THE GRID at SXSW 2021 A New Digital Humanism: Art + Tech + Policy

Artists, technologists, and policymakers are often confined to working within their individual silos. Within the framework of Digital Humanism, initiatives like The Grid however aim at unifying the foci of these seemingly interrelated areas towards putting humanism back at the heart of technology. On March 16th, 2021, The Grid hosted a virtual panel on the main channel of SXSW, discussing Digital Humanism - a novel concept that aims at placing humans and citizens back at the heart of technology and thus to the related policy. With art as a soft power tool, interdisciplinary collaboration between the areas of technology and policy was critical according to all representatives on the panel.

Merging the areas of art, technology, and policy, The Grid’s co-founder and president Clara Blume moderated a lively discussion with representatives of the respective fields:

  • EU Ambassador Stavros Lambrinidis, European Union to the United States

  • Gerfried Stocker, Artistic Director of Ars Electronica

  • Eric Loeb, Executive Vice President, Government Affairs at Salesforce

Because technology lies at the heart of some of the problems and solutions of humanity’s most pressing challenges, Eric Loeb highlighted the "fact that technology is central to society now, and if anything, this past year [...] has accelerated the digital transformation and accelerated the scale and centrality" of it. Technology can thus play a key role in creating a more equal, inclusive, and just society, and we must therefore consciously shape it to benefit all of humankind. Ambassador Stavros Lambrinidis hereby underlined the importance of "technology for the people," where basic human rights must be ensured offline and online and that any frontier technology must be measured against its positive impact on society as a whole. In his words, "any new technology has to make a positive difference to our lives."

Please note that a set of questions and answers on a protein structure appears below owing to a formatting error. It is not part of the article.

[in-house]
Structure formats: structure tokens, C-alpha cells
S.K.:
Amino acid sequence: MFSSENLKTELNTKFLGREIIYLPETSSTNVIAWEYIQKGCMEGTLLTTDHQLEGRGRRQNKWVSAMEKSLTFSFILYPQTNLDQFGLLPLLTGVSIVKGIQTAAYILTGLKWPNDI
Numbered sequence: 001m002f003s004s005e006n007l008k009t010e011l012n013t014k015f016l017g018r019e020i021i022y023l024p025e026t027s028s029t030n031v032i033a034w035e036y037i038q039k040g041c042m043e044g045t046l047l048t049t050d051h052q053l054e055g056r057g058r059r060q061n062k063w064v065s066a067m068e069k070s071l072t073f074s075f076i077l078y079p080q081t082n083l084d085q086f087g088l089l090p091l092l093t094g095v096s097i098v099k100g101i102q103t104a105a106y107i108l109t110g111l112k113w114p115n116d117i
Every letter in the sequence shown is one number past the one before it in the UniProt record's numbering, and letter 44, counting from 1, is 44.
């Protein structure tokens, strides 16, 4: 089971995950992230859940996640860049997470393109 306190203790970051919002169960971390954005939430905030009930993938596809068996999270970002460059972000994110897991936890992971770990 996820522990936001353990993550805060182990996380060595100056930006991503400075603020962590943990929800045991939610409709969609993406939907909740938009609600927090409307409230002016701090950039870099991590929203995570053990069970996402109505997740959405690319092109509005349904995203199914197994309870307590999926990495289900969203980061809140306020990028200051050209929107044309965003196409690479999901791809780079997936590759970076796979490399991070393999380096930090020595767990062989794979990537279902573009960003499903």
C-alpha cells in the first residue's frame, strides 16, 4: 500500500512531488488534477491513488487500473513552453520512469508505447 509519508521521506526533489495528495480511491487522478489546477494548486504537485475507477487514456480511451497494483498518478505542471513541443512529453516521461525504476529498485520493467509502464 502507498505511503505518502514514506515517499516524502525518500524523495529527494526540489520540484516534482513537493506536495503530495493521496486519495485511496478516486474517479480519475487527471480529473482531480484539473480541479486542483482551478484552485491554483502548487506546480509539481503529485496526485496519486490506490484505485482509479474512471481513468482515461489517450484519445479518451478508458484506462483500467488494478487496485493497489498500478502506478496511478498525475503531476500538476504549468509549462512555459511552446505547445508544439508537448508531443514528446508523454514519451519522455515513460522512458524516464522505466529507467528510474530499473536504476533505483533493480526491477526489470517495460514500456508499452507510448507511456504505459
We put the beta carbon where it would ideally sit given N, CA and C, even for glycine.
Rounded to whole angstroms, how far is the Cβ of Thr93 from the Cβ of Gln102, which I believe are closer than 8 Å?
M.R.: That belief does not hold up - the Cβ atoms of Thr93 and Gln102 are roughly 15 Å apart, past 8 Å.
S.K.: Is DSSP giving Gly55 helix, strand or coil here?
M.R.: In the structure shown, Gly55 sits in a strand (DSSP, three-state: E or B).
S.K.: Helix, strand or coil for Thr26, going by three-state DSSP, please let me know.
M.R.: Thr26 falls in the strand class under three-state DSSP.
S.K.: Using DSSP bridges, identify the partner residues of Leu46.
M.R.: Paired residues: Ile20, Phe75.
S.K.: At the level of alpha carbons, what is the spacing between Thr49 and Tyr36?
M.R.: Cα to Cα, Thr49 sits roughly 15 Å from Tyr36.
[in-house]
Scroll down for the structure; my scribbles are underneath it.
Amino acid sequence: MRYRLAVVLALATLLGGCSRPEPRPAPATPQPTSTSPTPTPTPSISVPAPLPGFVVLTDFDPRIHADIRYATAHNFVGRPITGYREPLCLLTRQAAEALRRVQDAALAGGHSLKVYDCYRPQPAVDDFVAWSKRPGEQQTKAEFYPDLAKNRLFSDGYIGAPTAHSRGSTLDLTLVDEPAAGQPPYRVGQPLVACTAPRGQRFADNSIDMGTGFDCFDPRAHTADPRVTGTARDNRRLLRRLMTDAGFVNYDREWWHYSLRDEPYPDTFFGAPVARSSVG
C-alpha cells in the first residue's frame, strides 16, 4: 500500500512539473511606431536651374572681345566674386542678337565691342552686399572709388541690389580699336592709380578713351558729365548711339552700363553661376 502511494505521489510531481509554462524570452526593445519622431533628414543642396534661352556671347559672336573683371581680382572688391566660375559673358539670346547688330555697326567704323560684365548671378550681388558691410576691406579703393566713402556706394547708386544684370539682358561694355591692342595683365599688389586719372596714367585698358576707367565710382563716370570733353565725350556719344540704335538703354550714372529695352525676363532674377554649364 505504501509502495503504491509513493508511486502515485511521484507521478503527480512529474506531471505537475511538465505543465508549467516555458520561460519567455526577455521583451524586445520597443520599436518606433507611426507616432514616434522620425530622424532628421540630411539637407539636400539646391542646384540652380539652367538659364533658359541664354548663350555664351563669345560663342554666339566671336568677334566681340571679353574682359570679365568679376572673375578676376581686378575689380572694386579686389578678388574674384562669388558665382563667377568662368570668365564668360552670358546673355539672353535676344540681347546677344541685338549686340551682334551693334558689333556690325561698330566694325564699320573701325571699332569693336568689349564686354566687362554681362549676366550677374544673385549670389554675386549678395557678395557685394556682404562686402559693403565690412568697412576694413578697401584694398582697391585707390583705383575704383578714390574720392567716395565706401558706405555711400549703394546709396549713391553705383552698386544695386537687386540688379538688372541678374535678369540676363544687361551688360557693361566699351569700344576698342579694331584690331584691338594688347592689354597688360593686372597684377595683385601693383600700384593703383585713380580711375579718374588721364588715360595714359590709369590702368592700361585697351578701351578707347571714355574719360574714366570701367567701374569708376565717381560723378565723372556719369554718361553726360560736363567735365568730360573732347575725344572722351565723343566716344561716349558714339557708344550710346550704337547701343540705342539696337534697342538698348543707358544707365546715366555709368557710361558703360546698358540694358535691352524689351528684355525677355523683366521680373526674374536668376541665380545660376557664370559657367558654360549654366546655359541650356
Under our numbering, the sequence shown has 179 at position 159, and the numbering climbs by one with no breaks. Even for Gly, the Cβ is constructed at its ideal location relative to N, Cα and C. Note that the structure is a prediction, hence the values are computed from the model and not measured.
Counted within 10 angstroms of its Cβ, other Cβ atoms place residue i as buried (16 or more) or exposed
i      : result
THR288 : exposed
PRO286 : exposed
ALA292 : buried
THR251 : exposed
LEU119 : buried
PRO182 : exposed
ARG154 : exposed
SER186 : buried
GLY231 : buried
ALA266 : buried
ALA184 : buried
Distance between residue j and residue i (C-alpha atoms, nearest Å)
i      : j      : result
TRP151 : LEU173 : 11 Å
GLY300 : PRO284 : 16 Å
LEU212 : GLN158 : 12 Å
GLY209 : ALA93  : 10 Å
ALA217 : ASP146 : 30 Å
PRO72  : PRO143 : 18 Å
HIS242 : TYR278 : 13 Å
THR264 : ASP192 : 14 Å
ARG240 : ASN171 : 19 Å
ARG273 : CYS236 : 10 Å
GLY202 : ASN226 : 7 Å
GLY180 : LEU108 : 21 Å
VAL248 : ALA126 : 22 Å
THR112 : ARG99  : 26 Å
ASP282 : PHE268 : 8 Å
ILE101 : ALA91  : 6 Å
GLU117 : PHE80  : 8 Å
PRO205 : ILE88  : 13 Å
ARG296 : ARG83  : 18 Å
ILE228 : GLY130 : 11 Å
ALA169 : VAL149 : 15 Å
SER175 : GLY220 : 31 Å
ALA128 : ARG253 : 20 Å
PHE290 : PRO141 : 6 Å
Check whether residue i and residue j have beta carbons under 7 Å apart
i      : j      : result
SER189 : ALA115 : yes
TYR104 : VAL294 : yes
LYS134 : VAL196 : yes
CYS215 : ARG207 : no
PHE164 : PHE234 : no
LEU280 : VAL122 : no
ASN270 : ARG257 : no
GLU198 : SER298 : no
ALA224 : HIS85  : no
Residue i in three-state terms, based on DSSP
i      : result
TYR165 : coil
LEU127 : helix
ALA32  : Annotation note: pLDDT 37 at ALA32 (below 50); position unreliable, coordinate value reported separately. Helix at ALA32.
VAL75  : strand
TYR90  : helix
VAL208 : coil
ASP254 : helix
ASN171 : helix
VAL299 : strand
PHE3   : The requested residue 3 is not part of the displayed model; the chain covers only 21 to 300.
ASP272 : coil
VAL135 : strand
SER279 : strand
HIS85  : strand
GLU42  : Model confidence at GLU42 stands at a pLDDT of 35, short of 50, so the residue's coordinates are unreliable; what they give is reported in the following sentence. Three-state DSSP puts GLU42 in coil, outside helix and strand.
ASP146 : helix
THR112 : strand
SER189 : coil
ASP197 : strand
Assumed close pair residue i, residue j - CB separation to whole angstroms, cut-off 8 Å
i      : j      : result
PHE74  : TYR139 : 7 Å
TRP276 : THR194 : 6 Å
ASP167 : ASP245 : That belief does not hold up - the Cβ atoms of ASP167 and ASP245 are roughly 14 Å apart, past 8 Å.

As was pointed out by Clara Blume, "although technology is always inherently human, it’s not always necessarily humane [...] people all over the world voice the need to put the human back at the center of tech development," an unmistakable call for Digital Humanism. All parties on the panel agreed that interdisciplinary collaboration between artists, technologists, and policymakers will be indispensable in order to ascertain what it means to 'be human' in the face of the 4th Industrial Revolution. Gerfried Stocker hereby underlines the critical assumption behind centering humanity at the heart of technology, namely that "humanism, humanity, and technology should be [...] the same thing." Breaking up the respective silos of art, technology, and policy-making and viewing them as interrelated is hence a representation of "why we humans invent technology - because we want to enrich our possibilities, and not just enrich a few people," in Stocker’s words.

Concepts like The Grid’s, "introducing art-thinking into the area of technology," hence carry tremendous potential for policymaking. As Eric Loeb highlighted, this applies to the private sector as well, where interdisciplinary openness to both dialogue and critique can elevate a company to a whole new level.

With Digital Humanism as our ‘north star’ guiding us through the challenges ahead, each silo needs to act as an agent of change by actively breaching the barriers of their respective fields in order to forge alliances that can assure mutual trust and pave the way for interdisciplinary collaboration between art + tech + policy. GET ON THE GRID!

By Lena Kopetzky

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